Imagination, something we’re all born with. Two year olds can spend hours stacking their toys to see what will happen. They have long, detailed, conversations with their dolls and stuffed animals. Remember playing house when you were little, or maybe cowboys and Indians, cops and robbers? So why is it so many of us lose that sense of creativity as we get older?
Children today don’t exercise the imagination portion of their brains. They play video games, watch movies, some even read books, but that’s not the same. They don’t need an imagination to watch a movie like “Star Wars” or “Avatar”. The imagination side of creating those movies has all been done for them. While a video game might help hone their problem-solving skills, again, the imagination portion of the story has been done.
When my son was young Transformers were all the rage (the first time around). He wanted them and he wanted them in the worst way. But I knew that if I bought him one I’d have to eventually buy him more; and not far down the line he’d set them aside for the next fad that caught his attention. So, I said no. He had plenty of toys and I’d have to say no. I didn’t disapprove of them; I just didn’t want to get caught-up in the hype. After he got over his disappointment he disappeared into his room only to reappear a little later to proudly show off his new Lego creations. He’d engineered his own Transformers. While over the years I have on occasion backed down to both him and his sister on other fads, I was always glad I didn’t back down on that one. He used his imagination and he got a lot more joy and pride out of those simple Lego creations than anything I could have bought him at Toys R Us.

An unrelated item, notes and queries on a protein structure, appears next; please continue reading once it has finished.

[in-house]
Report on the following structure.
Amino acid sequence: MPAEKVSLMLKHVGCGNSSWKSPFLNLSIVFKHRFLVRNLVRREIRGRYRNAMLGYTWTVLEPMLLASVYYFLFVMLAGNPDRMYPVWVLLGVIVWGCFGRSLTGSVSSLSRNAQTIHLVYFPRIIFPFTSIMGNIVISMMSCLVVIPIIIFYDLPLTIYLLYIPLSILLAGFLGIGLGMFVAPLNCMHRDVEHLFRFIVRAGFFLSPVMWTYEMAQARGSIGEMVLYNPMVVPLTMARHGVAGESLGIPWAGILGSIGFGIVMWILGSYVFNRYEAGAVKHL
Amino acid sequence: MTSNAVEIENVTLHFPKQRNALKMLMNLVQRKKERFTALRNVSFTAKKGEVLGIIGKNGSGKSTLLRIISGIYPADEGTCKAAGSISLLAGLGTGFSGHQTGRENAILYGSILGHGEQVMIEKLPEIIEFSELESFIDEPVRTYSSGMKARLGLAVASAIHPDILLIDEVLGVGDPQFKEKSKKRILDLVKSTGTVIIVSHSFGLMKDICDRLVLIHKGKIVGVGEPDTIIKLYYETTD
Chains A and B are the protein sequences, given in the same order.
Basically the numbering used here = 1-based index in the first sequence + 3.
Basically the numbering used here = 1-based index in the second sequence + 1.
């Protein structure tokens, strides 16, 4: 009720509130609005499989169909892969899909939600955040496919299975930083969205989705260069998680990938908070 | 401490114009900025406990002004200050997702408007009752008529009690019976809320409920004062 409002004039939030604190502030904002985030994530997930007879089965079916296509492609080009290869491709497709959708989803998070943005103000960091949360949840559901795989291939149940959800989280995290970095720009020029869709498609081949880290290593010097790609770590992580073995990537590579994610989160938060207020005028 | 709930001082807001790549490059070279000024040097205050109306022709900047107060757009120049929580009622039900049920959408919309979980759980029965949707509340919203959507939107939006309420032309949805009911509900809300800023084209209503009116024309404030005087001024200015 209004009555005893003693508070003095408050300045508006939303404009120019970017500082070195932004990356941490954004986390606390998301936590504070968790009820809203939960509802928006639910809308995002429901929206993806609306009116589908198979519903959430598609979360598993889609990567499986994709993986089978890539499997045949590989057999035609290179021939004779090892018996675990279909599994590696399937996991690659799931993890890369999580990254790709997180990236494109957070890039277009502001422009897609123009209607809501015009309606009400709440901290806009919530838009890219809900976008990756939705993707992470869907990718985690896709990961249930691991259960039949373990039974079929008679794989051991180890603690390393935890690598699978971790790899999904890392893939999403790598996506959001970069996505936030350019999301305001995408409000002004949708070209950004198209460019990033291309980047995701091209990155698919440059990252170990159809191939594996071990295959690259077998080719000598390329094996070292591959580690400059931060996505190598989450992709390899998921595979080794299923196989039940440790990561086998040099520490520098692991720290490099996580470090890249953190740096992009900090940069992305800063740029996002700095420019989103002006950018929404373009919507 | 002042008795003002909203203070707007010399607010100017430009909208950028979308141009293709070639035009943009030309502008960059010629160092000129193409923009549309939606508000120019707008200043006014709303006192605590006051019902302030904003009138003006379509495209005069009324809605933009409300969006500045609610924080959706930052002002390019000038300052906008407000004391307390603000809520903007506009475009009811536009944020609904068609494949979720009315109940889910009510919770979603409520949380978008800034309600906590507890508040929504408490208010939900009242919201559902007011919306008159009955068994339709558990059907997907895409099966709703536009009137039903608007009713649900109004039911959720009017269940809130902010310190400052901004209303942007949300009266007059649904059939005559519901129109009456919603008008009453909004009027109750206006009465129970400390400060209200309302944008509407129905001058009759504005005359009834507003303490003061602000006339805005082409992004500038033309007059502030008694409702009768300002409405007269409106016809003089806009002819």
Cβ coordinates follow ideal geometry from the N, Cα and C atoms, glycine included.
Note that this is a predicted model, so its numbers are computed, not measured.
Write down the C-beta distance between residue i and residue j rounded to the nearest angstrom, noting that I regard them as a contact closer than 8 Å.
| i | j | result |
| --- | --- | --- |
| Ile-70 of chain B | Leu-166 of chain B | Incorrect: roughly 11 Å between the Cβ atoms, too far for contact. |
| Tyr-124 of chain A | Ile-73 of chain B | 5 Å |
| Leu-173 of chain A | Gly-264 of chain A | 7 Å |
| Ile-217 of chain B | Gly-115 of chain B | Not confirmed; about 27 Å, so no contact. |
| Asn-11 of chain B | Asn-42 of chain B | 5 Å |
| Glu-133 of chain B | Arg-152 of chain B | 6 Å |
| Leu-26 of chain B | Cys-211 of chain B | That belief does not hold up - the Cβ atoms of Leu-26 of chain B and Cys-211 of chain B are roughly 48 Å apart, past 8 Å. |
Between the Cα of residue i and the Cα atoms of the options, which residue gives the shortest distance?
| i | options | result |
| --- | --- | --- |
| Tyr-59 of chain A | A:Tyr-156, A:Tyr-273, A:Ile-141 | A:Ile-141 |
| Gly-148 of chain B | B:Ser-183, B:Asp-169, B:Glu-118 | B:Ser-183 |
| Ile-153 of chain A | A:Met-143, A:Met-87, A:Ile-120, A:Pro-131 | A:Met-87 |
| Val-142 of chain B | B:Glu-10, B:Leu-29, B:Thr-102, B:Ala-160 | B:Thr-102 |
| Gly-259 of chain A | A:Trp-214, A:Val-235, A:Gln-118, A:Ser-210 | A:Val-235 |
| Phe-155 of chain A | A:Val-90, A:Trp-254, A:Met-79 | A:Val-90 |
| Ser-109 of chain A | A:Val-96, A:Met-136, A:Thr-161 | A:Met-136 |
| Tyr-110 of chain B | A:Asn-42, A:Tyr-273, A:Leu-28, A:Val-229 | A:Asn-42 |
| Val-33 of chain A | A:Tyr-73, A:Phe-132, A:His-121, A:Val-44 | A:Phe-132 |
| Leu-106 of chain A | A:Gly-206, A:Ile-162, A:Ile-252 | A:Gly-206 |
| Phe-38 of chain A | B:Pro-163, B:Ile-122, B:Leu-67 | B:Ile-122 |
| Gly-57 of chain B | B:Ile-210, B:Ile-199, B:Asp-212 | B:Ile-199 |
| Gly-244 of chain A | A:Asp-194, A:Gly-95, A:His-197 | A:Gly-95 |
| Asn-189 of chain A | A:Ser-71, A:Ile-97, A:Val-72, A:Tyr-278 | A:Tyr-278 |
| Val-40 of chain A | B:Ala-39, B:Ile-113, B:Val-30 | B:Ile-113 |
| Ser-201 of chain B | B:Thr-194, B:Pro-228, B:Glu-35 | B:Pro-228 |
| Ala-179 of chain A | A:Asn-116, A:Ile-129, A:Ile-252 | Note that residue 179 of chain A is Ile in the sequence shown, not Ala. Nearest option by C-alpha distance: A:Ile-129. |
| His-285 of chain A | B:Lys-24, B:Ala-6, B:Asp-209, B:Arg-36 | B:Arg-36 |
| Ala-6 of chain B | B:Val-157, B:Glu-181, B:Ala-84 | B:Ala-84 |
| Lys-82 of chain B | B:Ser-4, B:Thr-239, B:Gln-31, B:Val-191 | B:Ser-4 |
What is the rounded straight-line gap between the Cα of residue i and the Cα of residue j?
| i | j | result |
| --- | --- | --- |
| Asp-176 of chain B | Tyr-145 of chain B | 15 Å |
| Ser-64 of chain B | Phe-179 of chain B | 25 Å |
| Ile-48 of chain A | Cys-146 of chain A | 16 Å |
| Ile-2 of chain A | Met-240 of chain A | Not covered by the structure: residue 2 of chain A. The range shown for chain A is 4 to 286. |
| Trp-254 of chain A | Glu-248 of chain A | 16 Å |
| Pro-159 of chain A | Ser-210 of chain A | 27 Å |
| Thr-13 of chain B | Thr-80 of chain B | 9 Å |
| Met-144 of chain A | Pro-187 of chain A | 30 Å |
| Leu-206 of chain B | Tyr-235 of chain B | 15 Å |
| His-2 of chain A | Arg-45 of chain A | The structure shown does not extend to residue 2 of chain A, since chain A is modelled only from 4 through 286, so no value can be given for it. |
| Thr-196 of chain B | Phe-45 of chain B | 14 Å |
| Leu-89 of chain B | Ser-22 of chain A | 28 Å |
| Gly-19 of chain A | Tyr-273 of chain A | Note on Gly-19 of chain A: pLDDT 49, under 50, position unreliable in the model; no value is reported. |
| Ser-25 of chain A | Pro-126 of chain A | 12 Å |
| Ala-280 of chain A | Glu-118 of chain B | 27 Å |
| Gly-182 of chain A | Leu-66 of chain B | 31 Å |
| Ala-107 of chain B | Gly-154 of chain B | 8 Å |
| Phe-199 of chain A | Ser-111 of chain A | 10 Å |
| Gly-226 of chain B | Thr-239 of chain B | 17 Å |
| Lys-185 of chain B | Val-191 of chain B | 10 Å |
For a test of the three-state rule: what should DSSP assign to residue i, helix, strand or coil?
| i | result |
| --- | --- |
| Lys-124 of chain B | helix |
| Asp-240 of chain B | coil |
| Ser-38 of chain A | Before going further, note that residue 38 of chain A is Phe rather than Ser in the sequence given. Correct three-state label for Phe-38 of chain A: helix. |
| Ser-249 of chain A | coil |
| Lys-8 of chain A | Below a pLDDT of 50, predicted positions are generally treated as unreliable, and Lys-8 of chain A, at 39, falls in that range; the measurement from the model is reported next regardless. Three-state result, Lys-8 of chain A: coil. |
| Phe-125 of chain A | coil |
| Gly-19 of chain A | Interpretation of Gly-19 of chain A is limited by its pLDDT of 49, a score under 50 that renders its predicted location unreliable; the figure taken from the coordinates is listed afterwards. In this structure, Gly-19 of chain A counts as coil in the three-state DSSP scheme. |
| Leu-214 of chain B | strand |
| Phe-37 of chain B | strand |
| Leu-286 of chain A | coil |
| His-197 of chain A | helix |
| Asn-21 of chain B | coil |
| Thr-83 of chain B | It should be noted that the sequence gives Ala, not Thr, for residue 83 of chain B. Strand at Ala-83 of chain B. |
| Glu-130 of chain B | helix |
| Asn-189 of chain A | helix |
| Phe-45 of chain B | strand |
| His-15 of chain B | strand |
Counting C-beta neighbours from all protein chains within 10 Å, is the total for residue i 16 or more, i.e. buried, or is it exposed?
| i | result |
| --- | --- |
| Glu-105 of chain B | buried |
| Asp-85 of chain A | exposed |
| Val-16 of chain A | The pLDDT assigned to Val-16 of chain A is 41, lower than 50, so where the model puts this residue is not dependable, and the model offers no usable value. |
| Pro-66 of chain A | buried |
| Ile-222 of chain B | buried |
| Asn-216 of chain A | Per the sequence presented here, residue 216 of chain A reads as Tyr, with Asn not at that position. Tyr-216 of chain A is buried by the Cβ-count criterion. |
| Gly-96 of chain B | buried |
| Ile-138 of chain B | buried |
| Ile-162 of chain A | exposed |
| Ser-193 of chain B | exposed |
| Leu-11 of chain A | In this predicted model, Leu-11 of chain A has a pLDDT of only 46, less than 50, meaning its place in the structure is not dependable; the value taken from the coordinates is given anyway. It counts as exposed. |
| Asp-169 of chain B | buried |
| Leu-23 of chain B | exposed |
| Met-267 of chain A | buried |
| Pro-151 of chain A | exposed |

As a writer, I get to use my imagination all the time. I’ve gone from making up stories about Ken and Barbie to making up a life story for Mary Bishop, and now Alice Armstrong. I take the characters that grow in my head and place them in different time periods and locations. I can put them in dangerous situations I hope to never have to experience personally, and then get them safely out again…all with my imagination.
Have you ever heard of a round-robin story? Try this the next time you have a snowy, or rainy, afternoon and your children are complaining they’re bored; or the next time you’re on a long car trip and they’re starting to “touch” each other in the backseat making the other scream or cry. A round-robin story is when each person takes a turn making up a part of a story; simple as that. The first person starts with “once upon a time there was…” and goes from there to set up the characters. Then each person in turn adds to the plot. You never know where the story will lead and hopefully the whining and poking will stop. I remember doing something similar in grade school where you drew a monster on the blackboard. Each person drew one part of the monster until it was done. Colored chalk made that one even more fun. If you’re in a position to do something like that, you could start out creating your monster(s) and then go right into a round-robin story about the monster(s). You could even do a little improv where each person takes on a specific character and you play-act the story, making it up as you go.
That’s just a few ideas. There are so many ways to keep imagination alive. It will make your children more well-rounded and creative-thinking adults in the end.